“All four engines have failed”


I’ve been obsessed with plane crashes lately. No, obsessed isn’t right. Oppressed, maybe? I seem to be encountering information about air horror wherever I turn. Always nice before a series of trans-oceanic flights.

A few weeks ago I watched Superman Returns. The Man of Steel says to the passengers of a wingless jumbo jet he’s just safely landed, “I hope this incident hasn’t put you off flying. Statistically speaking it is still the safest way to travel.” It is a direct lift of a line Christopher Reeves also uttered in the original Superman from 1978. Certainly true, but for me it fails the truthiness test.

Then, as I babysat my computer during a marathon session of video rendering, aimlessly clicking through Wikipedia, I landed on Aviation accidents and incidents (part of the hell’s-gateway-esque Disasters Portal). Browsing through the air disasters really was like rubbernecking a car accident. I couldn’t turn away. I read every article in there. Airshow accidents, In-flight airliner explosions, Midair airliner crashes, Deliberate airline crashes, Fuel exhaustion on commercial airliners … the subcategories are scarily unique and many.

What you start to realize is: Damn, there are a lot of disasters where we don’t really know what happened. And then, once that’s sunk in: Damn, I’m surprised this doesn’t happen more often. There are some fascinating incidents. The jet that ditched in the Neva River in St. Peterburg, Russia without a single loss of life. The mentally-ill Japanese pilot who deliberately crashed on landing. And the worst of all collision of two 747’s on Tenerife in 1977.

Then — somehow, I wasn’t specifically looking — I stumbled upon this video of Boeing testing the structural limitation of the 777 wing. They found it. (And if I am ever in a plane with a wing bent like that I will have involuntarily evacuated my bowels well before structural failure, yessiree.)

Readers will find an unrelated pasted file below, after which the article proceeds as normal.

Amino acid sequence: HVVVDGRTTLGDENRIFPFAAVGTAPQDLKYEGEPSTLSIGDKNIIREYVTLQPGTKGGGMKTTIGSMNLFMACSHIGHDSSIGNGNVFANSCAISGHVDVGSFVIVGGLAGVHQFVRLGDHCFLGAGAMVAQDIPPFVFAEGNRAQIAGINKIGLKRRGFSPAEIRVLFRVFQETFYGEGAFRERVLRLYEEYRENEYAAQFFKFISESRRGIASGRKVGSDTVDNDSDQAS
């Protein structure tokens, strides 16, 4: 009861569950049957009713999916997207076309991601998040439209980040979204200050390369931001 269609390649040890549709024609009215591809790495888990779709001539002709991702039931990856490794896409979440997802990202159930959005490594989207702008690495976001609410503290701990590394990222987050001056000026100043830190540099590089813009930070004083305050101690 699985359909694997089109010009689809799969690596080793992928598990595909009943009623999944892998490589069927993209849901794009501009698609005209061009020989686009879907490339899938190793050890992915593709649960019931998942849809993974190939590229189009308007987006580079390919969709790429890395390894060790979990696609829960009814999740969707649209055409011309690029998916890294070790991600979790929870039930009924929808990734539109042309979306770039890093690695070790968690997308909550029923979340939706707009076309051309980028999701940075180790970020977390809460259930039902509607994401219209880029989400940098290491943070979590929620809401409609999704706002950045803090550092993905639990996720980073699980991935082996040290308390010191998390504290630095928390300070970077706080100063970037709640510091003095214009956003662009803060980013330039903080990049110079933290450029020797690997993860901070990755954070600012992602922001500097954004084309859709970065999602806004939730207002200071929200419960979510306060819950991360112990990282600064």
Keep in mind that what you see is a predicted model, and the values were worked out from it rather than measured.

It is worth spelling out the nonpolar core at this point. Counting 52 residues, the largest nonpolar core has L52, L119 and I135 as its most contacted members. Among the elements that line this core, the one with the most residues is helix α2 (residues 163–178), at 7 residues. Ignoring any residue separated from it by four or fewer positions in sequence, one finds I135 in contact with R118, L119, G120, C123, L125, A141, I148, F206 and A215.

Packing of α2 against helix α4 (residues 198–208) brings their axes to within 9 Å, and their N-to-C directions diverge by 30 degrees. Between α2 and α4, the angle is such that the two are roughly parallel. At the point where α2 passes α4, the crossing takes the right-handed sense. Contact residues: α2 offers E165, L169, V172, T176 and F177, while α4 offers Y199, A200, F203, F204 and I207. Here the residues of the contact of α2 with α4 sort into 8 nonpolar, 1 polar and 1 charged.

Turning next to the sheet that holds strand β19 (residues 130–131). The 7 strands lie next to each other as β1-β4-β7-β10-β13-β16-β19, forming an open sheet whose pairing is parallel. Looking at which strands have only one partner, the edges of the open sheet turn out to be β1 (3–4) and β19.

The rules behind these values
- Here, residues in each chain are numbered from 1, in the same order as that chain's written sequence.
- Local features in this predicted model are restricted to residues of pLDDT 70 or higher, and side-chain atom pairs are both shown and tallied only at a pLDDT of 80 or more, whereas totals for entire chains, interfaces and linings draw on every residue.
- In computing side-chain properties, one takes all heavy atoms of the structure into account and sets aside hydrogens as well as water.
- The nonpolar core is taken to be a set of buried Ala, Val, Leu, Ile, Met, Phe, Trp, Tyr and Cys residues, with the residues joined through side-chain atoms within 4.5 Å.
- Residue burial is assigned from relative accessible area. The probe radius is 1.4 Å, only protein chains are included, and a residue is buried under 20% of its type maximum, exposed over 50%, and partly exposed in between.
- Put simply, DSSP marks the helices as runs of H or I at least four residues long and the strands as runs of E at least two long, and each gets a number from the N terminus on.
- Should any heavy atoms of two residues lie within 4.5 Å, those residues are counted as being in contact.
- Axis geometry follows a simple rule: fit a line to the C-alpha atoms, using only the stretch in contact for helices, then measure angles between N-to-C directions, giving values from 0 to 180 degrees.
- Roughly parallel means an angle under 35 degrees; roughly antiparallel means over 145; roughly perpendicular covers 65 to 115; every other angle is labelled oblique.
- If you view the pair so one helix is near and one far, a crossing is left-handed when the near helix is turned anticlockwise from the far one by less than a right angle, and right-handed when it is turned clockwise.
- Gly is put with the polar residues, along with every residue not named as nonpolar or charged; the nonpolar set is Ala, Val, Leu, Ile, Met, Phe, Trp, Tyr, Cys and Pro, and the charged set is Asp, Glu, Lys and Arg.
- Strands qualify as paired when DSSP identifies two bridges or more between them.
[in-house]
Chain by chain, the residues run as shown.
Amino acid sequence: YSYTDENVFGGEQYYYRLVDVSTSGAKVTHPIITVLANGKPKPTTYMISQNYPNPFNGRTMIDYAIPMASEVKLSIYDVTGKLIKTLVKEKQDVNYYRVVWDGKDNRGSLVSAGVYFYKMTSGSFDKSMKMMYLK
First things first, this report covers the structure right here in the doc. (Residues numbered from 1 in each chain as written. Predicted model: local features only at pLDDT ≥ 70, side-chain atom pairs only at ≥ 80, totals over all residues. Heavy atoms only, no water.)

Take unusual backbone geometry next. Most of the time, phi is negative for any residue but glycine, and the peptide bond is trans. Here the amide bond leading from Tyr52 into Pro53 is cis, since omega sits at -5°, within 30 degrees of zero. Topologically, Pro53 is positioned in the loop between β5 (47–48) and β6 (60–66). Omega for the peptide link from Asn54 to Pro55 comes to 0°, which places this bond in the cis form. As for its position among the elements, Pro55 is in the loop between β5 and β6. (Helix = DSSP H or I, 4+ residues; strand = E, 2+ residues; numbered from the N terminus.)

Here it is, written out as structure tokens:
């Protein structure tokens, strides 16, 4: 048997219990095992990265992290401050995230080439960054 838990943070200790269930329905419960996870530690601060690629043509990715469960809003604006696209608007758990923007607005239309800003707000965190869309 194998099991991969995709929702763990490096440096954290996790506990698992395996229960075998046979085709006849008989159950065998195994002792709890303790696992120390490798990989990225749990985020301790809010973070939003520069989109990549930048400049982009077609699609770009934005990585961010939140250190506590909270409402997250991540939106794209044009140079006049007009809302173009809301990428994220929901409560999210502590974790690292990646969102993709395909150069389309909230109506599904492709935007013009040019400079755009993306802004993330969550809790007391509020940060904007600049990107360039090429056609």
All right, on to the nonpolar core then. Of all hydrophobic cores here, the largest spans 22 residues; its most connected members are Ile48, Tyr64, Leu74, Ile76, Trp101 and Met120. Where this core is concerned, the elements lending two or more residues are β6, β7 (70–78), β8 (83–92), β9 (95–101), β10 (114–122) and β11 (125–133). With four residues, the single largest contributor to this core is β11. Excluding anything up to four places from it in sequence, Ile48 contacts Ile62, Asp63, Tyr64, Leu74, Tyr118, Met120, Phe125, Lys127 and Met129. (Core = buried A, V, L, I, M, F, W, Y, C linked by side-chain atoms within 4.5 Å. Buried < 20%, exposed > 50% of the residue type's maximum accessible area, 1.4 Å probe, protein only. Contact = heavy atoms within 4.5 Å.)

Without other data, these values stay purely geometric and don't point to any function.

Then yesterday, this story of a 747 that lost all four engines and actually landed safely. It is a terrifying tale. Again, I was not searching. I must be unconsciously sifting these things out of my feed reader or something.

And finally, gallows humor. This artwork/concept for a crash landing pillow that gives you the option of suffocating yourself before crashing. For the true control freak, you may now take charge of your own death, flaming airframe be damned. You know, it’s said that the only reason you’re told to put your head between your knees during a crash is so that your dental records stay as close as possible to the seat number for identification.

Anyway. Not sure what this obsession is all about. It would be one thing if I were actively hunting this information out, but I’m not. I feel like I’m in an M. Night Shyamalan flick.

I depart Monday.

One response to ““All four engines have failed””

  1. GC says :

    There are far fewer plane crashes than car wrecks, but also a hugely smaller number of flights than there are people driving. When you crunch all of the numbers, for any individual trip, the chances of getting in a car wreck are higher, but the chances of dying are about the same whether you are flying or driving. Cheers.